Judging from the color, this was a new arrival showing some of the bright red tinge that they get when moving from the salt water ocean to the fresh water rivers. This salmon was still pretty beat up by the trek to the spawning ground and losing half of his face while being plucked out of the river by the eagle sealed the deal.
As the multitudes of fish spawn out, the colors will darken as will their ability to stay alive. Within a couple of days the fish will be black except for the areas where their flesh sloughs off in chunks. The mighty salmon fight to the end.
The river keepers pick up patrols and scour the rivers edge as the fish perish, the bounty will only last a few days.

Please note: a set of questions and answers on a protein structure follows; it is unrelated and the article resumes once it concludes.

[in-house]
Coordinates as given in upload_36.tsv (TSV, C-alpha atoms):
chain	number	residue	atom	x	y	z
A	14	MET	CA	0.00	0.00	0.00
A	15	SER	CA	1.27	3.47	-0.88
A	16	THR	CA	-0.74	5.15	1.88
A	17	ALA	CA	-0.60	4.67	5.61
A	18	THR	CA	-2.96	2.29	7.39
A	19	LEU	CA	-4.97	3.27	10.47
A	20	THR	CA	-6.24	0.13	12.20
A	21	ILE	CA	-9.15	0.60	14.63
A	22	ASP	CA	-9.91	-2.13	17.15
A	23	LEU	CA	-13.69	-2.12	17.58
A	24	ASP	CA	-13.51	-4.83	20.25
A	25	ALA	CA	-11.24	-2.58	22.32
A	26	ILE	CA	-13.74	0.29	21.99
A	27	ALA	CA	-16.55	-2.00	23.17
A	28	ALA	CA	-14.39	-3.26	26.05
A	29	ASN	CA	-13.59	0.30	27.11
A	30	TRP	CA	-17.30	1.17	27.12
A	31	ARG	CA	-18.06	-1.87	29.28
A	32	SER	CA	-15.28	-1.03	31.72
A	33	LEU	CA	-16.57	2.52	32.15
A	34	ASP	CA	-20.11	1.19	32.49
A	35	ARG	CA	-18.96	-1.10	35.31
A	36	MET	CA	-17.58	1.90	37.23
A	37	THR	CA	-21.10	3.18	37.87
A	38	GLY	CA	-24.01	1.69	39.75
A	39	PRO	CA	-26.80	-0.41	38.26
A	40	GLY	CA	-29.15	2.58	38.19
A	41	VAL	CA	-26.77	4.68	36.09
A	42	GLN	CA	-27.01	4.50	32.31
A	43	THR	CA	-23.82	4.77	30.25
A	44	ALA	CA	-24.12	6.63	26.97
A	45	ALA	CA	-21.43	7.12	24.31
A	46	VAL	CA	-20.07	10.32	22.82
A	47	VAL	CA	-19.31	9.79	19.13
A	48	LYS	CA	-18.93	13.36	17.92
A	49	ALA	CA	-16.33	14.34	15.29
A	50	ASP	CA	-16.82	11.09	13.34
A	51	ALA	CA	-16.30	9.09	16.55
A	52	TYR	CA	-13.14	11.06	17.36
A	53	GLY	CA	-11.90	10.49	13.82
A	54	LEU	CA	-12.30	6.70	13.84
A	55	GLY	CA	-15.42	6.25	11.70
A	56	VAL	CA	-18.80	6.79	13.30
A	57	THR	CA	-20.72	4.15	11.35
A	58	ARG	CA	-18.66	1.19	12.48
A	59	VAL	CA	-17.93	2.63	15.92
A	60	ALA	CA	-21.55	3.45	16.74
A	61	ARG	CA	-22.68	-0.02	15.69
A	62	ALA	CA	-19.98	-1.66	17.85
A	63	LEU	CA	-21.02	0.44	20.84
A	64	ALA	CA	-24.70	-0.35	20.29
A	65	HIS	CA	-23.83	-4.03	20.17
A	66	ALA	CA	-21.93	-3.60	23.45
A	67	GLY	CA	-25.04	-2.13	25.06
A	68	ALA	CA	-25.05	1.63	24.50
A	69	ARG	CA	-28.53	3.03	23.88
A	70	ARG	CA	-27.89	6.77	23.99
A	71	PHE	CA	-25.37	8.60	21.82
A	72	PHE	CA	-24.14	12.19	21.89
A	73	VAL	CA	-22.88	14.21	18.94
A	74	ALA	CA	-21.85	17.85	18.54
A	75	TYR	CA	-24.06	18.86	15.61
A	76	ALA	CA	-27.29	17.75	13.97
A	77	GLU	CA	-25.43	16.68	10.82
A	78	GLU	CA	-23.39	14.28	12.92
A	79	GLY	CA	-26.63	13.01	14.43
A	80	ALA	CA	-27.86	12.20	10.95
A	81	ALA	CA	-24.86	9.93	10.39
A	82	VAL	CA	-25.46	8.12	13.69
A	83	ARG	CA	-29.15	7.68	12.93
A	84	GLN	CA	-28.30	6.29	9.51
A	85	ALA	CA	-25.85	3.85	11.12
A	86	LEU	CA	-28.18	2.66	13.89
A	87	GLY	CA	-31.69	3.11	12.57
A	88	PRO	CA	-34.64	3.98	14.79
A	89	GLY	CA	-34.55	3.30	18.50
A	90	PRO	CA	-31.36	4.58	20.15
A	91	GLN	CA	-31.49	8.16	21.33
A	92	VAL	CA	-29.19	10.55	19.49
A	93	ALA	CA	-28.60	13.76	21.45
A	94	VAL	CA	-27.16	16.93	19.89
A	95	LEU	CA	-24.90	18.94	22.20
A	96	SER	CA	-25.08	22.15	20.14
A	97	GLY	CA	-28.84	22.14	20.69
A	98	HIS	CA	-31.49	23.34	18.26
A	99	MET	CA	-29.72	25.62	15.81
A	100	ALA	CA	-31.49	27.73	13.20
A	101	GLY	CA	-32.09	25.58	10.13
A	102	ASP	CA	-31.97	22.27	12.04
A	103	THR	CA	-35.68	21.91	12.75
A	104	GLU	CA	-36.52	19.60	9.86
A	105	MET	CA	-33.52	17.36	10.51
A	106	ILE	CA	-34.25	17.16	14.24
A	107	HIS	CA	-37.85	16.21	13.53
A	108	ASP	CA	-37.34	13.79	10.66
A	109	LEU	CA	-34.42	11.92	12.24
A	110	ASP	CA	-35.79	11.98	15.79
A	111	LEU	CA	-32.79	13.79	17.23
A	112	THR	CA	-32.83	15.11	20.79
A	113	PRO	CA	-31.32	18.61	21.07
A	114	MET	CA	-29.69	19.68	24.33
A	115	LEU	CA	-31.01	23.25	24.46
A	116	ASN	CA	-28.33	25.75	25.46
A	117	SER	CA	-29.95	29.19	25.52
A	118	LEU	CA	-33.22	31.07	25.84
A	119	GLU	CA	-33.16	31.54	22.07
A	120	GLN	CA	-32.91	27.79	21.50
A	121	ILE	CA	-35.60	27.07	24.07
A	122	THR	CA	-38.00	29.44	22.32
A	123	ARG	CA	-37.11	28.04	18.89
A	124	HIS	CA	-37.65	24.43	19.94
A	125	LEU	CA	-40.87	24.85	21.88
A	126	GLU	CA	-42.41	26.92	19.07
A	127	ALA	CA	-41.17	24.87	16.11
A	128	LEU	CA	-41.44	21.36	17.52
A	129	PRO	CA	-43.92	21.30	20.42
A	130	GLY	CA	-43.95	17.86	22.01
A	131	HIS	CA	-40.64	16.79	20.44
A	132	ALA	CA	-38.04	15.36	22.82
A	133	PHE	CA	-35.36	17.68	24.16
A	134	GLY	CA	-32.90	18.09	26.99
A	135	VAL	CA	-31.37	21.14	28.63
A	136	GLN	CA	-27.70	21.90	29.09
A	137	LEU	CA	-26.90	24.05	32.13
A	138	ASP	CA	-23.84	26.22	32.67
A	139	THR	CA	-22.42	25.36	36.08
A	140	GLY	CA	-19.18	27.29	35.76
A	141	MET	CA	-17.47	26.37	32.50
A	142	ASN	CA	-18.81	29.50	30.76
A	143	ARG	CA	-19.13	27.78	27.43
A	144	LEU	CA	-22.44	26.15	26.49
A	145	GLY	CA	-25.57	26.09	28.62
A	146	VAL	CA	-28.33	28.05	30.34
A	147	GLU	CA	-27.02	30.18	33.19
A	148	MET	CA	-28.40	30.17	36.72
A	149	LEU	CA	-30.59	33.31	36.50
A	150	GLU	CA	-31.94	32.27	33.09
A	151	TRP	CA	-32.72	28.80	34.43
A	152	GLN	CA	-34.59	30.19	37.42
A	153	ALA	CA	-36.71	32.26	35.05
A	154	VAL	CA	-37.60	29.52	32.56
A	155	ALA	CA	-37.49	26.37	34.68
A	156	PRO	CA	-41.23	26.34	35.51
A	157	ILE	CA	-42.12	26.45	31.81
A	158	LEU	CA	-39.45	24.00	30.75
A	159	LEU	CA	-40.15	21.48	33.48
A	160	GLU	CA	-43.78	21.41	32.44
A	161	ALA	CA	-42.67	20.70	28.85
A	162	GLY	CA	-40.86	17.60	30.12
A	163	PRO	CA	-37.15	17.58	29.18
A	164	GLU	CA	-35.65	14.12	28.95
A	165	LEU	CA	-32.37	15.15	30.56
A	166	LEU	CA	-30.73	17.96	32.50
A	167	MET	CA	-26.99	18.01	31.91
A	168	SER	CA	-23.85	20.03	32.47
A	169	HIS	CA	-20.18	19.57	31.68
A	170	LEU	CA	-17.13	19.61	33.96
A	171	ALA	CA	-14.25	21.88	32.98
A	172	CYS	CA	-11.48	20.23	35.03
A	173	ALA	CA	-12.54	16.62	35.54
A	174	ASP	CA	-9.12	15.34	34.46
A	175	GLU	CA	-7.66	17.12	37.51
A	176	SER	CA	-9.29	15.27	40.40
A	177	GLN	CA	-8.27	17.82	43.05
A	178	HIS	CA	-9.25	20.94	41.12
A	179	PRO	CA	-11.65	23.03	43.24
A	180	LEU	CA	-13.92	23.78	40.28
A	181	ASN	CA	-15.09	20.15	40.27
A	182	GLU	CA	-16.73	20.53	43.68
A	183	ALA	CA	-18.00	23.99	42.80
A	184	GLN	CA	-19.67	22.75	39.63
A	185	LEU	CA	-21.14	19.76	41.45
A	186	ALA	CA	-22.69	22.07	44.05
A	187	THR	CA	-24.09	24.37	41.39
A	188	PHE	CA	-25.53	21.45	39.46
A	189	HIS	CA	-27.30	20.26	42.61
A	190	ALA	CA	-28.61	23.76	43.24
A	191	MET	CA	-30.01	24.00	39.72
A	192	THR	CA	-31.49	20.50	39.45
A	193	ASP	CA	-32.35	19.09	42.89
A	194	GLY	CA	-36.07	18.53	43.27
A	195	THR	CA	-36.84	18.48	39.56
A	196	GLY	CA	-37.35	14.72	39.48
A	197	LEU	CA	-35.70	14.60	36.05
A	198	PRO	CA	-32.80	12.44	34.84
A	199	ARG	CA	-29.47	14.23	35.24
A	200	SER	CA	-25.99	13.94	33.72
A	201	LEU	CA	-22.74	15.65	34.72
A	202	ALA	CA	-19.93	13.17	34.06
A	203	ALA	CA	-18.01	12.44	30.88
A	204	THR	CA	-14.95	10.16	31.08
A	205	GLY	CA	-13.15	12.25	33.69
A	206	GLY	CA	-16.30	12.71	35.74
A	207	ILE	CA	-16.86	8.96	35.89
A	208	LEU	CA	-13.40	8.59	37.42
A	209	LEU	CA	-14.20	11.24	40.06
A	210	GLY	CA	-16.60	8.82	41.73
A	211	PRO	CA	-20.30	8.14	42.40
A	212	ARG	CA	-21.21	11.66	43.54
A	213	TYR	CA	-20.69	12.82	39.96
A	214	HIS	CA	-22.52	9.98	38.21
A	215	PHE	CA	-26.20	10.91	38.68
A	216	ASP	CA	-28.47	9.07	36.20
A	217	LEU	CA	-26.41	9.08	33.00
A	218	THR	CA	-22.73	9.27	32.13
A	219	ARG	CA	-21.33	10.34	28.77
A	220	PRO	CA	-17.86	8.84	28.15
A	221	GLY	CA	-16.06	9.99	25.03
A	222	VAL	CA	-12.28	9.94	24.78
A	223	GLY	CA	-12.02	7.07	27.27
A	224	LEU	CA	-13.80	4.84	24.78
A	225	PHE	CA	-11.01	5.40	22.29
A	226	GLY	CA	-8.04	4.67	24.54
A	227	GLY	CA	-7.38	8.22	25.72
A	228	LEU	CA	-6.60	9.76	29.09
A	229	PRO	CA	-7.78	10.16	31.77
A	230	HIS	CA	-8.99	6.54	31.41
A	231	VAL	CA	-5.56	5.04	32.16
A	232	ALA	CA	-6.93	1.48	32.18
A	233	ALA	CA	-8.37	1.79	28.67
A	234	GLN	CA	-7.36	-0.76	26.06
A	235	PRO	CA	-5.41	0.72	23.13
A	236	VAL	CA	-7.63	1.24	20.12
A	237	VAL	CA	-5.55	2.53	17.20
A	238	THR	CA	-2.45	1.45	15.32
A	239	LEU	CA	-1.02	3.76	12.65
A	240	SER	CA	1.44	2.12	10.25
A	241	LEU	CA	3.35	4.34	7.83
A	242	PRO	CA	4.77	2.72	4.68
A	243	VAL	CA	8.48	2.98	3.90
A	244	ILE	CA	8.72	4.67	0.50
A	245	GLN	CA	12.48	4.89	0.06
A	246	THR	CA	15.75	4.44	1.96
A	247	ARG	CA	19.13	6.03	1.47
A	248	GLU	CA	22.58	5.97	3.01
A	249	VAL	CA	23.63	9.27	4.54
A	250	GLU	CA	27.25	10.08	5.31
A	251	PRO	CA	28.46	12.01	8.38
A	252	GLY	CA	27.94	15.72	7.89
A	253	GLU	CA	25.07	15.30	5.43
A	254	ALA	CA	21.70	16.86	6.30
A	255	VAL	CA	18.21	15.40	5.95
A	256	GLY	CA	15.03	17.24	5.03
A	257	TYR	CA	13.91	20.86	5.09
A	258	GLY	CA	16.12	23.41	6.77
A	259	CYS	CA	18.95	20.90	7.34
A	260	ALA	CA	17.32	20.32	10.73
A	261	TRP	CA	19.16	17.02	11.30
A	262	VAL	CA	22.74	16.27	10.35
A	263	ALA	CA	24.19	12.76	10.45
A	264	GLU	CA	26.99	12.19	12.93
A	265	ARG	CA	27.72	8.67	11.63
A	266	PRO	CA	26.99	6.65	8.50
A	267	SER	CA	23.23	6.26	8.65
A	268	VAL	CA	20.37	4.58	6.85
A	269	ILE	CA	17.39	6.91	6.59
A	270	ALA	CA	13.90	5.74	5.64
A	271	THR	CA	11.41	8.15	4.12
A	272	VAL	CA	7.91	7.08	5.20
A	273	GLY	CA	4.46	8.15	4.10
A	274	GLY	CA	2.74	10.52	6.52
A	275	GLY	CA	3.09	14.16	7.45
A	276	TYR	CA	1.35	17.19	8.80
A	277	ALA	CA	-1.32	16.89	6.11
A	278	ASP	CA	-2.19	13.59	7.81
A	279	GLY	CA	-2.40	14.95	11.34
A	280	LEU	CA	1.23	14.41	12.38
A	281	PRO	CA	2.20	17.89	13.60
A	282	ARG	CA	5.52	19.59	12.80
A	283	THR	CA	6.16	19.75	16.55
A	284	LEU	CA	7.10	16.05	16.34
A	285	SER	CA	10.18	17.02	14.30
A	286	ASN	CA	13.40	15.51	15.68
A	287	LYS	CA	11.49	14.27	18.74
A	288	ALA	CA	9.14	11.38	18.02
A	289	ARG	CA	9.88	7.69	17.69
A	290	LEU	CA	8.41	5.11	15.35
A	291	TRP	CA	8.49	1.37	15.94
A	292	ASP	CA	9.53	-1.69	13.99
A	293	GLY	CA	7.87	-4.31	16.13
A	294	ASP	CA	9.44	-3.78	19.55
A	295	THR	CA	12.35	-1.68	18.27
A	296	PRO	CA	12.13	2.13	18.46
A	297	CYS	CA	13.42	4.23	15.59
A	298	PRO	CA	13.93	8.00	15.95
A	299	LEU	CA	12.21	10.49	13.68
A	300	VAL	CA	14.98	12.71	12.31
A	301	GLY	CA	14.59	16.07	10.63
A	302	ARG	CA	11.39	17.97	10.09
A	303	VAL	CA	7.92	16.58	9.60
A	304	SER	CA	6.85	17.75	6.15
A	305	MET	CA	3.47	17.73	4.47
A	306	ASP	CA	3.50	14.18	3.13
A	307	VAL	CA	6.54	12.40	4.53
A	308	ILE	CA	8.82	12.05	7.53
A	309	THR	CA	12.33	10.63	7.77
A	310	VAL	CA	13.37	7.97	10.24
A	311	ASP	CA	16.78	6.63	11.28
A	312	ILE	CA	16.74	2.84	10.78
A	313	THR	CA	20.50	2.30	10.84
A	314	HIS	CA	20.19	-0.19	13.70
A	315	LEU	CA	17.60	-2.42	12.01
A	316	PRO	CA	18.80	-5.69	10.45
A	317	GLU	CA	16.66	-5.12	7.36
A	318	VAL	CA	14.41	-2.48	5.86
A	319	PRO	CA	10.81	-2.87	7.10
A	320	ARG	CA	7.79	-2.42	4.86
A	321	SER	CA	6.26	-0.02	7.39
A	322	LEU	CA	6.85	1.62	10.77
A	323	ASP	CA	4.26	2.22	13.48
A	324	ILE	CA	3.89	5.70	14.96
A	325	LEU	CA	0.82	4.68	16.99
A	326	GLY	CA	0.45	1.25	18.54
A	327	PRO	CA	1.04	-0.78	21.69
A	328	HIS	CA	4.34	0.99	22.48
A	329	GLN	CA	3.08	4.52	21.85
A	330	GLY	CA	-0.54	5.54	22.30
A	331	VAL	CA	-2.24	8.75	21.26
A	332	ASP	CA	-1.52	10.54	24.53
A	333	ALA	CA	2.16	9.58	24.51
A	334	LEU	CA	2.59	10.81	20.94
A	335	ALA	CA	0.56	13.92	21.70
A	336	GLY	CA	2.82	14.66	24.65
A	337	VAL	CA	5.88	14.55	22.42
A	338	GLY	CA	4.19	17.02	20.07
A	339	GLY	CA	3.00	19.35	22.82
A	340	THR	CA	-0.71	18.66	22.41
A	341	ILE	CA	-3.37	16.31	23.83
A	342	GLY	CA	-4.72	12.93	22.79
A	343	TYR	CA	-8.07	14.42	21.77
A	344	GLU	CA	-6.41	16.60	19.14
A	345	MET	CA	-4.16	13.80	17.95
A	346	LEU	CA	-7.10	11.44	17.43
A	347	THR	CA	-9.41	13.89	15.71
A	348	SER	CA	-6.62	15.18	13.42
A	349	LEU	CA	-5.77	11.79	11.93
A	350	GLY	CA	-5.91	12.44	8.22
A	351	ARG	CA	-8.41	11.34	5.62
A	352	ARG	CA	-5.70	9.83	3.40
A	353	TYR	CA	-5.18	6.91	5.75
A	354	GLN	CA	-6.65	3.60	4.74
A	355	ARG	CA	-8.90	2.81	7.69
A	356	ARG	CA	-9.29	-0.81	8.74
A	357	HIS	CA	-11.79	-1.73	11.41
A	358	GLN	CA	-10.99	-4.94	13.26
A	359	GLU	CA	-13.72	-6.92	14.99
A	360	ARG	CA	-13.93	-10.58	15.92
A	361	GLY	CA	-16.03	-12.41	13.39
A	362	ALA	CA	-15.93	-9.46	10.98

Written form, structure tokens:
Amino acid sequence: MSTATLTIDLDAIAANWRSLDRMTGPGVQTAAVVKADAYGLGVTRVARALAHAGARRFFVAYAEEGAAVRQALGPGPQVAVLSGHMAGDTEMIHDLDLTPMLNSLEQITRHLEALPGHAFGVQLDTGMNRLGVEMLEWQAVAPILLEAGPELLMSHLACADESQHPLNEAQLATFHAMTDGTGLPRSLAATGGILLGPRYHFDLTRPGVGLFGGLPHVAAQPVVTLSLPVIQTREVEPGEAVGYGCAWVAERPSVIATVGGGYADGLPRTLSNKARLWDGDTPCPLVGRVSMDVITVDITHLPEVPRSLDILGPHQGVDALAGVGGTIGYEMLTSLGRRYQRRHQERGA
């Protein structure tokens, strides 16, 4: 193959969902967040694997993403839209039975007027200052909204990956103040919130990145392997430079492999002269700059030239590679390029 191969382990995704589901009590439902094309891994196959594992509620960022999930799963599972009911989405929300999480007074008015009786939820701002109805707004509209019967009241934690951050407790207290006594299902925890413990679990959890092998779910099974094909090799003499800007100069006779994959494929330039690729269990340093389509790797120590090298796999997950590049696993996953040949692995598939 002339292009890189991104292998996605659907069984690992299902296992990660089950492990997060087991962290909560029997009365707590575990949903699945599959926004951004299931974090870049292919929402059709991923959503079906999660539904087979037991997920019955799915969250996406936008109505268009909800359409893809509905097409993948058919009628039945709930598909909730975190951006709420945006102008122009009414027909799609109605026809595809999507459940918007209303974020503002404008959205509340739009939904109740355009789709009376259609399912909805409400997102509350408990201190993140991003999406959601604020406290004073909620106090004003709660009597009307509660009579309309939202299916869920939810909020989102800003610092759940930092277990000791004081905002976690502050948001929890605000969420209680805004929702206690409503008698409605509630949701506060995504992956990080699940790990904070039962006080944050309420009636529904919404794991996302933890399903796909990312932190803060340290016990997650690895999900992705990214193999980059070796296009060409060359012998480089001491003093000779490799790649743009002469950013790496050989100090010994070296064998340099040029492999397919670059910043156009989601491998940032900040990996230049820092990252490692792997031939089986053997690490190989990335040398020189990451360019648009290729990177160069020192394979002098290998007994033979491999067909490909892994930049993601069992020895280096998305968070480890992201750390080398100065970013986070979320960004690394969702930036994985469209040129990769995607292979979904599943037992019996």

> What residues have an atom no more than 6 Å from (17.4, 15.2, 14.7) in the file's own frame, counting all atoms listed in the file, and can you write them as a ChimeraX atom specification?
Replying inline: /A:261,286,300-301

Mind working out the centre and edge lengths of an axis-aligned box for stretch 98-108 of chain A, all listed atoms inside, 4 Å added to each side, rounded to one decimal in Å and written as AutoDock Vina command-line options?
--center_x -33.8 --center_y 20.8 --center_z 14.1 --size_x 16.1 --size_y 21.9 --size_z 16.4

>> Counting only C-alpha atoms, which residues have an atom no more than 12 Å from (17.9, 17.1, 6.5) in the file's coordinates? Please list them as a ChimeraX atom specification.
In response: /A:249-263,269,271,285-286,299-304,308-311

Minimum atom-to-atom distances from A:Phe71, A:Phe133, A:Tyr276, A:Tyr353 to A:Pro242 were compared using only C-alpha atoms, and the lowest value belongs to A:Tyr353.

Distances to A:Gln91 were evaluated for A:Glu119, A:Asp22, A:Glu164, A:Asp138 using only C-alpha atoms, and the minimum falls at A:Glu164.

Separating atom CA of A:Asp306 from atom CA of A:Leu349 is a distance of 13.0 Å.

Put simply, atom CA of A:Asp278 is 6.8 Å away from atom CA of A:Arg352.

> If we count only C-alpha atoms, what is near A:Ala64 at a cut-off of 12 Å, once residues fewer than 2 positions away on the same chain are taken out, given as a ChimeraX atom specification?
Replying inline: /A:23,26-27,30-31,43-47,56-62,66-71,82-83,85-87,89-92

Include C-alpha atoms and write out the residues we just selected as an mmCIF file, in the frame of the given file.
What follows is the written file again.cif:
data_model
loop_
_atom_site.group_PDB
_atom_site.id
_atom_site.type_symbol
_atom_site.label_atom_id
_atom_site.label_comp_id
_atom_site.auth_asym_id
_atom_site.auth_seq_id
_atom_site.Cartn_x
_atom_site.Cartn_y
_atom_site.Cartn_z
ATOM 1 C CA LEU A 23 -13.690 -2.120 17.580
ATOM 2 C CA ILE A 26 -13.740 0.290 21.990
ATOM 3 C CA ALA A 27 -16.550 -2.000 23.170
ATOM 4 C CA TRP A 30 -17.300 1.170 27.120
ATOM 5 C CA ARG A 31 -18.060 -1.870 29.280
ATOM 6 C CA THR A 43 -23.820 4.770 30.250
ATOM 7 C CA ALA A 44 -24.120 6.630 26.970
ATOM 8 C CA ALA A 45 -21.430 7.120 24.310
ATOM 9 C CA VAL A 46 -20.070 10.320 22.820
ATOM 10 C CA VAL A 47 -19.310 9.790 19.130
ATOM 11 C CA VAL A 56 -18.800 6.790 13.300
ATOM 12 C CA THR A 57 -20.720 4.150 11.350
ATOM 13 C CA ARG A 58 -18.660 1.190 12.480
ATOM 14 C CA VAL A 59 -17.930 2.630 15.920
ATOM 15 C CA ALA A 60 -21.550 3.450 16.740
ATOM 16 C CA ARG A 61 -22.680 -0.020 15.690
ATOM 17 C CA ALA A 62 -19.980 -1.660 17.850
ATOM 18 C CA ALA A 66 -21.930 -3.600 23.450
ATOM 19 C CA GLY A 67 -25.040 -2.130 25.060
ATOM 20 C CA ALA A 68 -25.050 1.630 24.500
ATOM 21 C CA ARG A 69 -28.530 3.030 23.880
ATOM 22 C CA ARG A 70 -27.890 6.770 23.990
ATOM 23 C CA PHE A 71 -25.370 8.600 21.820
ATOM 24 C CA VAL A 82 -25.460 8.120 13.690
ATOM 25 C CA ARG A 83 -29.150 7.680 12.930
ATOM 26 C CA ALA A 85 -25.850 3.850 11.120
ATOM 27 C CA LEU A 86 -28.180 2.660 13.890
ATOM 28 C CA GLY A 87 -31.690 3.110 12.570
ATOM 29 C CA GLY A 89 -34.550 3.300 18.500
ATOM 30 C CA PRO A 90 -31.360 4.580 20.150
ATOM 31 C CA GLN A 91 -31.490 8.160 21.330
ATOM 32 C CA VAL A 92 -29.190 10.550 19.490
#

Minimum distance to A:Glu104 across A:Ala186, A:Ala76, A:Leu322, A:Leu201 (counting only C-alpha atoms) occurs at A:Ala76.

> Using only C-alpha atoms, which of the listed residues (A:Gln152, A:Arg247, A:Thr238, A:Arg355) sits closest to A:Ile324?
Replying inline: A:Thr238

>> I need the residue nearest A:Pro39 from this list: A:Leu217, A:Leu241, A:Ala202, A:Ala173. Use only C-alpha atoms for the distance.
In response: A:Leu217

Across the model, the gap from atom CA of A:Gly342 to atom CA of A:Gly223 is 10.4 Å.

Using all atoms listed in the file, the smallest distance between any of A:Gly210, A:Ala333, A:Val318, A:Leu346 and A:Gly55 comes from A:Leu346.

It was only a few weeks ago when I was posting pictures of the beautiful fall leaves and the quiet Nehalem River. After the week of rain we just experienced, most of the color has washed out of any of the remaining leaves and the river is running the full span of the bridge.
I know the ocean-going salmon are there spawning because the bald eagles are keeping a close eye on the river. While the river is high like this, they can only sit in the tall fir trees and wait when they are not flying the route of the river.
As the water begins to recede and the muddiness of the water clears, the eagles will once again have a chance to snag the carcasses of the spawned-out salmon. The eggs will have already been fertilized and the eagles are happy to scoop up the dead salmon keeping the water clean and healthy.
The two bald eagles have been guarding the river closely these days.